Citizens Election Forums
Citizens Election Forums are modeled on the Citizens Jury process developed in the 1970s by Ned Crosby, founder of Jefferson Action. Crosby’s original organization, the Jefferson Center for New Democratic Processes, ran its first Citizens Jury in 1974. Together and separately, Jefferson Action and the Jefferson Center have organized more than 30 Citizens Juries and Citizens Election Forums, on topics ranging from global climate change to election recounts.
The Citizens Jury and Citizens Election Forum model offers two important advantages. First, education is a key part of the process. The citizen participants receive a thorough grounding in the issues they’re discussing, hearing from experts representing a wide range of viewpoints. Thus, their conclusions represent input from a group that is fully informed about an issue. Second, because of the recruiting process, they are representative of the public.
Details on the Citizens Jury/Citizens Forum process:
Microcosm of the community: We select participants at random to resemble the community in terms of age, education, gender, geography, race and political attitudes. To reduce barriers to participation, we typically pay participants a daily stipend.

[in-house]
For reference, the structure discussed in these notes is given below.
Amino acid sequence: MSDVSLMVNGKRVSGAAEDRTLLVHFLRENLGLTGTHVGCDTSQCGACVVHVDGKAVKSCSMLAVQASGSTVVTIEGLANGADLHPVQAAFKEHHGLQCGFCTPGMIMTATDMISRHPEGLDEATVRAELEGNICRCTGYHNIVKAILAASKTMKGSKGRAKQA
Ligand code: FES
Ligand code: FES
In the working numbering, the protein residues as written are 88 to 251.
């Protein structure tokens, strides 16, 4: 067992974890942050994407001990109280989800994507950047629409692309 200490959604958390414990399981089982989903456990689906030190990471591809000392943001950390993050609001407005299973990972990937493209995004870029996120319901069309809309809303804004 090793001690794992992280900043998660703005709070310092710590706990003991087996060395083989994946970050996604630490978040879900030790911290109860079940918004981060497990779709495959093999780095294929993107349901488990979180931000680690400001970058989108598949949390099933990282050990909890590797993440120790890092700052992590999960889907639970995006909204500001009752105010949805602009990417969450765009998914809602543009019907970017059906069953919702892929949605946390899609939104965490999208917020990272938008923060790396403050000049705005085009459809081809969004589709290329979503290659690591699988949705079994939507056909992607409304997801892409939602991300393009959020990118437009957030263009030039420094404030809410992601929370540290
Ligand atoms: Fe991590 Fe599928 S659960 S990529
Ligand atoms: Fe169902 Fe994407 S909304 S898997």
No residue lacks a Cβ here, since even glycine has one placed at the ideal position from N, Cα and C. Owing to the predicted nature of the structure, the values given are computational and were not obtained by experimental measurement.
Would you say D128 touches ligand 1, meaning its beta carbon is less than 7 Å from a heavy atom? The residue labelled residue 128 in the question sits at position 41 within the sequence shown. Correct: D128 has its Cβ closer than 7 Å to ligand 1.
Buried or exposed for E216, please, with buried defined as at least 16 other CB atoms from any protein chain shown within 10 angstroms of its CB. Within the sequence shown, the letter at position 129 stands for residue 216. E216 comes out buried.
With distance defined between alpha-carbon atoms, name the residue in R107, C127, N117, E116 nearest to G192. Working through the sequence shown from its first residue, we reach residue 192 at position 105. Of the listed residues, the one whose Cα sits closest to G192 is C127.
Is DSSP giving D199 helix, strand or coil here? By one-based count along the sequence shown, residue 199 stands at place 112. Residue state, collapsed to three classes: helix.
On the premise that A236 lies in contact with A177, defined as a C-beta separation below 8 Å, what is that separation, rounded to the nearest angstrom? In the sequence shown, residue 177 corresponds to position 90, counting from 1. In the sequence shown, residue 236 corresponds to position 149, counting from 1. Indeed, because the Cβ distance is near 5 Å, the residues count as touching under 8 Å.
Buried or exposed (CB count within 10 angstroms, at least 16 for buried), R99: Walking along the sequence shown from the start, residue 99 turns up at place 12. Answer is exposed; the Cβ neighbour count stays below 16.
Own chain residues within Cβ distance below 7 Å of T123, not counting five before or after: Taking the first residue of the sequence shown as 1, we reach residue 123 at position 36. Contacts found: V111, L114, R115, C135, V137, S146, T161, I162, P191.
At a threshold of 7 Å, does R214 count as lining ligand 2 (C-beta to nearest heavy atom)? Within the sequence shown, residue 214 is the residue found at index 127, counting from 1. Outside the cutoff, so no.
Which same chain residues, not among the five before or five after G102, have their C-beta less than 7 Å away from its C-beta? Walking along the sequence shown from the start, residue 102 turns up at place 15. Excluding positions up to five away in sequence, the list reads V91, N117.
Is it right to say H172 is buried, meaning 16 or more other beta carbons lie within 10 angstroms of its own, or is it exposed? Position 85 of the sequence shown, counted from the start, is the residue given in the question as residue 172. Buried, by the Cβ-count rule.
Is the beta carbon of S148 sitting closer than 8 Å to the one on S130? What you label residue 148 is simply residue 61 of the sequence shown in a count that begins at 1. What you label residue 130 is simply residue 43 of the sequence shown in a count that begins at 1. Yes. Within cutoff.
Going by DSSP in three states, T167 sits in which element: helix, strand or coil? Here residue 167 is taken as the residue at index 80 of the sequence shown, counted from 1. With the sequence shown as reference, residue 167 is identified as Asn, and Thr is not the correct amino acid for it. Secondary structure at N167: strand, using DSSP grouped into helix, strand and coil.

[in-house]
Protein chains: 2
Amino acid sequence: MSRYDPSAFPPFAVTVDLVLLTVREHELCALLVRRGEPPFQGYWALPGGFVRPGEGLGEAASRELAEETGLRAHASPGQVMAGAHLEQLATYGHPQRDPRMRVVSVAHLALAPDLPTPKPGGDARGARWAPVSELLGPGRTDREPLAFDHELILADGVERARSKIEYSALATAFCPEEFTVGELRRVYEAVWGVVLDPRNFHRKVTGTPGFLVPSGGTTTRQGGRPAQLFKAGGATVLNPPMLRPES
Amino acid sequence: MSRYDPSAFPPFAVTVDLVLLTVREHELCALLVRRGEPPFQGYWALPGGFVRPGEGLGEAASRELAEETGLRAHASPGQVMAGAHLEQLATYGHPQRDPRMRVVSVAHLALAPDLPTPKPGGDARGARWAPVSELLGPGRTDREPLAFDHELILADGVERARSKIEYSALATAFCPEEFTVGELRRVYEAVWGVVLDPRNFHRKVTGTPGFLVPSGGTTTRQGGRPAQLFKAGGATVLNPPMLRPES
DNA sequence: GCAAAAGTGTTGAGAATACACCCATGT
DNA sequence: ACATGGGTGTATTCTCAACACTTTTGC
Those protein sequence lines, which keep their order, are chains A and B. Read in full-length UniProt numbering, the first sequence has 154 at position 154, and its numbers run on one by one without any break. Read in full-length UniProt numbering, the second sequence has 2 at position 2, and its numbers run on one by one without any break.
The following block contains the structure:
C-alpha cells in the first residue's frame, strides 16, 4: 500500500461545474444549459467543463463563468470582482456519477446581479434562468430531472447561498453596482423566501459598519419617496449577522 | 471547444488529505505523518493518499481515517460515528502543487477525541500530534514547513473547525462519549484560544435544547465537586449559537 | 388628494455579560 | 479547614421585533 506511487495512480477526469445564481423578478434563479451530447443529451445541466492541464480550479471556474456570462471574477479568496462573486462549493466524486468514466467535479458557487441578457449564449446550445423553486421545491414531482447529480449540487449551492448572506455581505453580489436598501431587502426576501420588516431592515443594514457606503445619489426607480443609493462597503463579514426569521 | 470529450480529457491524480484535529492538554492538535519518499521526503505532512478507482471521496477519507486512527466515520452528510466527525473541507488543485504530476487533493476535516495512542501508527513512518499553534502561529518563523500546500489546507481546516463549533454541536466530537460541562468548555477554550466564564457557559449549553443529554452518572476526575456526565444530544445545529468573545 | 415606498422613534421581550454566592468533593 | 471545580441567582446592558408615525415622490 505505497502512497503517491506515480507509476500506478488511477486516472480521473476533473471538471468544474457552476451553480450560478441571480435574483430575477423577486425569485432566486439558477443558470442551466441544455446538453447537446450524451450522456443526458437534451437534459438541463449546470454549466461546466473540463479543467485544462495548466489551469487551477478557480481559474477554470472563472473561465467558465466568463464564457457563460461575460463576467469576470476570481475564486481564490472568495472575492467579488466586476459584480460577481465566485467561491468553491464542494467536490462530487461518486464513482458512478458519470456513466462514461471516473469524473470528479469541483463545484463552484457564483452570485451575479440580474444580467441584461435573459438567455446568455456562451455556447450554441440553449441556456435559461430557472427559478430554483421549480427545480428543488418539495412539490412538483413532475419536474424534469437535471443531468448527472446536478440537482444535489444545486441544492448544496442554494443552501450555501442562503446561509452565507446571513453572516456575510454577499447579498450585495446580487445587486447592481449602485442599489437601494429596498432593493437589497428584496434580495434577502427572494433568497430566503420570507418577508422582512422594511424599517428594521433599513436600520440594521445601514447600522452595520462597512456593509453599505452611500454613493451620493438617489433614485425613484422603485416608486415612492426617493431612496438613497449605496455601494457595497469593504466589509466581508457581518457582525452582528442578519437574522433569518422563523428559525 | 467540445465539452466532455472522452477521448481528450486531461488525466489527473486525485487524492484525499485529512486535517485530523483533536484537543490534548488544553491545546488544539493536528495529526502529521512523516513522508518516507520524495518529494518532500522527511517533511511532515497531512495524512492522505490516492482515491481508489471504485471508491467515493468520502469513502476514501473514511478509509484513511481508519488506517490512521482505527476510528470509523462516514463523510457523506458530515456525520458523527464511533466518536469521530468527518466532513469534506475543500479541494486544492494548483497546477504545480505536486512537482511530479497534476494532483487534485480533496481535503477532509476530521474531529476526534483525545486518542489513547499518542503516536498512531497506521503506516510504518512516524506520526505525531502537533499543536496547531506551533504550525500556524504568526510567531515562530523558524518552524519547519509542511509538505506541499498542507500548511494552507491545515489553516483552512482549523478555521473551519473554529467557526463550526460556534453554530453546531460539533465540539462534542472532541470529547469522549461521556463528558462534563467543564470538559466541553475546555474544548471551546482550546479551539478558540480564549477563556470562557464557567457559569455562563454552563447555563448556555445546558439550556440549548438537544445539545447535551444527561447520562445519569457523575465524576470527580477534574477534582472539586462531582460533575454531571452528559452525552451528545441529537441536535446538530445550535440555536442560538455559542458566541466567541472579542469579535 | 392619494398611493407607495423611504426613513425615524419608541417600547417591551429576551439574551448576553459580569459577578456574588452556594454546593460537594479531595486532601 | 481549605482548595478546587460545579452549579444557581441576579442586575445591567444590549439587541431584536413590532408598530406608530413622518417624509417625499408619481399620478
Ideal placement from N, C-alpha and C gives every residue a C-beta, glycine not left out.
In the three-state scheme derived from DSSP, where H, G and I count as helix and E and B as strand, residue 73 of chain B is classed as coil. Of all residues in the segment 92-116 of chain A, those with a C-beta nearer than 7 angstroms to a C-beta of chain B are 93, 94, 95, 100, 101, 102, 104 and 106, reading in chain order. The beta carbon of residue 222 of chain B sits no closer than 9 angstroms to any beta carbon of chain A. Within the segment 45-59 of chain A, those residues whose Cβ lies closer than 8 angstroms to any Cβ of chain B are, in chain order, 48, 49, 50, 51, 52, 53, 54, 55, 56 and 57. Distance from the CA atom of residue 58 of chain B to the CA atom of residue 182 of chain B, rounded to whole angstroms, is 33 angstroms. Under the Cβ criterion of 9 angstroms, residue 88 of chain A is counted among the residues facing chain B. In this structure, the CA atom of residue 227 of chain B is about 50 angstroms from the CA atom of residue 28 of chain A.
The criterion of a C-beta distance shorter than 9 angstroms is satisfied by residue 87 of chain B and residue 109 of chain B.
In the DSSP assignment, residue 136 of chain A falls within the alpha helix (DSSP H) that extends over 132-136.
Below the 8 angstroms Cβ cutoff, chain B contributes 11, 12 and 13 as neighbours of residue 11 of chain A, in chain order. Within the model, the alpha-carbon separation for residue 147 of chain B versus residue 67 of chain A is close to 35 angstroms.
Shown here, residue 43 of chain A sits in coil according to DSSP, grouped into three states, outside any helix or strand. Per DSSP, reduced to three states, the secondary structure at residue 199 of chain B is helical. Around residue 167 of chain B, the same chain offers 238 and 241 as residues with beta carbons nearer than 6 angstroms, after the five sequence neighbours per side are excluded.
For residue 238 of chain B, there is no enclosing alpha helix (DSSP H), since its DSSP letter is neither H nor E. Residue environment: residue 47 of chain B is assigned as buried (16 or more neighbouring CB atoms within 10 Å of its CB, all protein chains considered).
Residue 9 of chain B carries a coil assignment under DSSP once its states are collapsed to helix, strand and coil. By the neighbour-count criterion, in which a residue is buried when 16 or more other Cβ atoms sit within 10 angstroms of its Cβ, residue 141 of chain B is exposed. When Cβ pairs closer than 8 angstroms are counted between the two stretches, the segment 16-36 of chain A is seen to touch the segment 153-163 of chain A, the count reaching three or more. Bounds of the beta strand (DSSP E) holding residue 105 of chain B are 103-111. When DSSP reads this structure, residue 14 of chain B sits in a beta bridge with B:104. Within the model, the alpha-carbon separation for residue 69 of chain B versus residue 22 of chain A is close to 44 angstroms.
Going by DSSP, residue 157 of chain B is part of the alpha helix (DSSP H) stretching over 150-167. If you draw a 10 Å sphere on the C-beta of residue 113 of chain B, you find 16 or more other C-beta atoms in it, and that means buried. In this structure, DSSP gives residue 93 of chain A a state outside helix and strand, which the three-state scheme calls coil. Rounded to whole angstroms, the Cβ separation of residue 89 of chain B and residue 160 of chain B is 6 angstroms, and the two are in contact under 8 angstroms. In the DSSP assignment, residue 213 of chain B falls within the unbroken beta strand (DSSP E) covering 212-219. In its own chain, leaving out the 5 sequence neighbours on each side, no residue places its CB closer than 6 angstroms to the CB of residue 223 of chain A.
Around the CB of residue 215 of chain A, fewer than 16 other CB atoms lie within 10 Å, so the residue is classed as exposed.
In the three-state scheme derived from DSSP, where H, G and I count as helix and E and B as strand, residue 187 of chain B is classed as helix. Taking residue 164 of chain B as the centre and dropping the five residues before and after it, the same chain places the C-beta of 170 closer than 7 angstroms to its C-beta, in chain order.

The right sized group: Typically, 24 people comprise a Citizens Jury or Citizens Election Forum. This size ensures that one or two people cannot dominate or derail the process and allows for good discussions. But intensive small-group discussions within the larger group are also an integral part of the process.
High quality information and deliberation: Participants receive information from experts and advocates who present different points of view. We allow ample time for participants to question the experts directly. Carefully trained moderators ensure a good dialogue — open enough for the participants to express themselves freely, yet controlled enough so that participants focus on the question at hand. The moderators are there only to facilitate productive discussion – not to steer the group toward any particular point of view.
Minimize staff biases and avoid outside manipulations: We give considerable effort to minimizing staff biases, even to the point of monitoring the body language of the moderators. We ask participants to rate the fairness of the process (the evaluations — available at www.jefferson-center.org — go back to 1981). Importantly, participants express their final recommendations in their own words and review the final report before it is made public. The group typically chooses representatives to speak at press conferences or to provide public testimony before policymakers.
Sufficient time to study a matter: The length of a Citizens Jury or Citizens Election Forum depends on the scope of the issue being evaluated by participants. Most last at least three to five days.
The Citizens Jury process has been applauded for its success as a comprehensive tool that allows decision-makers and the public to hear thoughtful citizen input. The method has inspired imitations used in Finland, Germany, Spain, Australia and elsewhere, including more than 300 Citizens Juries in Britain.